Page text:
Intuitive thinking, commonly known as “Gut feelings” is an undervalued thought process in today’s society. I say “thought process” because despite the nickname, and common perception as a potentially reckless motivation to action, it comes from your brain just as much as analytical thinking does. Even though it gets a bad rap, intuitive thinking is often the first indication that something is wrong, or will soon be wrong, in the world around you. Listening to gut feelings might force you to behave unusually in public, but if you’re weighing “someone I’ll never see again thinks I’m strange/rude/stupid” against “I really think something bad is about to go down”, it should be pretty obvious which direction is the wisest. But lets get back to thought process, and how that gets us to decide whether to act on feelings in public.
First, lets define the two channels of thought: Intuition is a much more ancient process than analysis, a valuable remnant of our evolutionary past that nearly all animal life shares with us. It rapidly and subconsciously processes incoming information, comparing it to all of your collective life experience, and any instinctual thoughts or feelings you might have, then uses that to predict what is most likely to happen next. Because of this, things you are more experienced with will grant you stronger gut feelings, and will usually turn out to be correct more often. Usually intuition presents itself to you not as a conclusion you’ve arrived at, but increased muscle tension, a sudden sense of unease, or a burst of anxiety. In this way, intuitive thinking is the keener, wiser end of the “Fight or flight” knife that cuts through all the BS and gives you a direction. This presentation as a literal feeling has led to both the name “gut feeling” and the disrespect it’s acquired vs analytical thinking.
The downside of intuition is that your life experience may not have prepared you for the exact situation at hand, or your own cognitive biases may jump into the middle, and dilute your intuition to a degree that limits its usefulness. Imagine seeing a nervous, shifty guy who is well-groomed and wearing a $5,000 suit at Safeway, fidgeting with his waistline and looking around anxiously. Your intuition may tell you in less than a second that he’s behaving strangely, and might present a threat, but then maybe your brain jumps in and reassures you that dudes who wear suits that cost more than your mortgage aren’t violent in public. In this way, your life experience and both cognitive and cultural biases are working against you trusting your intuition that this guy might go all “Falling Down”.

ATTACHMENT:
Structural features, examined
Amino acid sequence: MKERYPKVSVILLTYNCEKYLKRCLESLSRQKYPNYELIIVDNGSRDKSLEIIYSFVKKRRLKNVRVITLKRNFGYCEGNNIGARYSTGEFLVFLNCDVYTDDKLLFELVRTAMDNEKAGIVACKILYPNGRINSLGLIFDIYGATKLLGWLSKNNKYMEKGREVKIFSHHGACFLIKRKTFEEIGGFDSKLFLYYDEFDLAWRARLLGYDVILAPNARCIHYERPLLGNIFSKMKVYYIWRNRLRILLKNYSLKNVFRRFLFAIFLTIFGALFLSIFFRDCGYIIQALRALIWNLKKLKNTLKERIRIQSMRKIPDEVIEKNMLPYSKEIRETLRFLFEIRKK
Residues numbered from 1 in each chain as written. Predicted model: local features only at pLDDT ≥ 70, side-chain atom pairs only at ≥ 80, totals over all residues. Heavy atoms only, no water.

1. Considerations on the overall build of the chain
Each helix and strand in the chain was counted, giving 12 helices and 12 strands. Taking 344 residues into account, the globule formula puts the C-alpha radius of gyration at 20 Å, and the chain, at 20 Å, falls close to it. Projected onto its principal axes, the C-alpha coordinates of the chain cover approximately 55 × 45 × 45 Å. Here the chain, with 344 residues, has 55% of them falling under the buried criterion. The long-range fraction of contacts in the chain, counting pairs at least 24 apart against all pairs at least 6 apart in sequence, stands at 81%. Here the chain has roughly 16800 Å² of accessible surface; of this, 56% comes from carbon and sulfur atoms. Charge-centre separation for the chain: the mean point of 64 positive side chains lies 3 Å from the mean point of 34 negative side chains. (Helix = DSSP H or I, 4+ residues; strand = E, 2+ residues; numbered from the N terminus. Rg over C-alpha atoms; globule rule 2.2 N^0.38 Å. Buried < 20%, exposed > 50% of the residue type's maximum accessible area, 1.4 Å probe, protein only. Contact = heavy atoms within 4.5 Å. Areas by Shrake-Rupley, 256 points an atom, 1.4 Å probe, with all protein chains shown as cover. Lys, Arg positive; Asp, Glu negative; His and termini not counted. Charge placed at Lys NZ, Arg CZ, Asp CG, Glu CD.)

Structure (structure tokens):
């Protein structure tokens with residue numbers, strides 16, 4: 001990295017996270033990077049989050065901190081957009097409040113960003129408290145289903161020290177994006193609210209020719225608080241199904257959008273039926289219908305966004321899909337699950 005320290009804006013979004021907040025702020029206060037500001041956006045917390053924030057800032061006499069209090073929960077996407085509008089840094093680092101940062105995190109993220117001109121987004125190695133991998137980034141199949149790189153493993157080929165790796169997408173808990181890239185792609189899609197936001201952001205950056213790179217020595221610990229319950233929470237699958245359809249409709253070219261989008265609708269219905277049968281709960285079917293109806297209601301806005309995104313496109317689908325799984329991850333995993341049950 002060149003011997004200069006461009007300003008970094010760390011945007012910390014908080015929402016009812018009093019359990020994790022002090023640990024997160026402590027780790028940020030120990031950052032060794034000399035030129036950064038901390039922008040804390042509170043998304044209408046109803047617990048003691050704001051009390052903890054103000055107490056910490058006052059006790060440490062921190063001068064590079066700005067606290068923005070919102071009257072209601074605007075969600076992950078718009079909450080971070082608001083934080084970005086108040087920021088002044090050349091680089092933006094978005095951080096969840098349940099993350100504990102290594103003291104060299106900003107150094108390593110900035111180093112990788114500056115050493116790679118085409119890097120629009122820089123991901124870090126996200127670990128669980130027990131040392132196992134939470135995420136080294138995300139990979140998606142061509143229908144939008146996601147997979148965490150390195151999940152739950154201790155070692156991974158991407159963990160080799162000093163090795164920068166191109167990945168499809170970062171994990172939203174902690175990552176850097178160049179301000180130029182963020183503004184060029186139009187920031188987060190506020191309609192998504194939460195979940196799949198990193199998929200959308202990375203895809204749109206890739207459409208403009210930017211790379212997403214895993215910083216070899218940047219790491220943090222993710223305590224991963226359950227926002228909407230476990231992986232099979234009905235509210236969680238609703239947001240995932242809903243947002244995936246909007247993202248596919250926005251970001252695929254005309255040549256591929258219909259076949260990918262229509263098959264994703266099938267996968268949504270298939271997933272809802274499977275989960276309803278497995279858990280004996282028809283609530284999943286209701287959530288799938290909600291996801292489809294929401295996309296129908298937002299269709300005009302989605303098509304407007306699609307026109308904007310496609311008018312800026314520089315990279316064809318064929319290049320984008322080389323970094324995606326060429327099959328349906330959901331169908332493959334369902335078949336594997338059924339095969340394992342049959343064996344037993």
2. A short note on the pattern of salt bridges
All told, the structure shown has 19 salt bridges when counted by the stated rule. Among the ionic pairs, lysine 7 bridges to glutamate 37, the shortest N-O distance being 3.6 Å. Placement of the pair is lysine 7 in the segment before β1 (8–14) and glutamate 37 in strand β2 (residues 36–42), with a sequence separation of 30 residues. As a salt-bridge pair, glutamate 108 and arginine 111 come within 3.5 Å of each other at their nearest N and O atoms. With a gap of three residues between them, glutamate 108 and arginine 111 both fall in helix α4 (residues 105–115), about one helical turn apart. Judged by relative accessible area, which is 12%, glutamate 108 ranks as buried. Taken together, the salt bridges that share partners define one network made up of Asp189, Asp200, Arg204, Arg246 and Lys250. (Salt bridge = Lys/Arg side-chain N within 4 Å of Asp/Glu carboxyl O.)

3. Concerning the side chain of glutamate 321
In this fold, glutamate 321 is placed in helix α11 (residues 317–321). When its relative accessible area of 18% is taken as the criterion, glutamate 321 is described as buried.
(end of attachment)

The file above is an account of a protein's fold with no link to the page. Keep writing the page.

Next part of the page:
Analytical thinking is a slow, deliberate process that takes in all available information and presents it to you for you to mull over, compare various elements for competing validity, and consciously arrive at a conclusion. In the above example, someone with a lot of experience with criminal offenders, or just an active self-defense mindset might observe the fancy man pacing around, fiddling with his belt for a minute or two, and through active situational analysis, arrive at the conclusion that the guy is seconds away from mag-dumping in the cereal aisle.
The reality may just be that this poor bastard just lost his wife in a car accident and he’s losing his shit while trying to make sure his kid has their favorite breakfast tomorrow, but the takeaway here is that moving away from him, perhaps behind cover, or exiting the building entirely, is not a crazy move. Your intuition can clue you in, but it can also be wrong. Your analysis might derive the truth, or lead you away from it by leaning on conformation bias like “nobody shoots up a Safeway, least of all a rich guy”. The decision is still yours to make, no matter what thought process leads you to it, and if you are more worried about seeming rude, or weird yourself, you won’t actually make a decision. Instead you coast through alarm bells that could just as easily make random strangers think oddly of you, or wind up saving your life.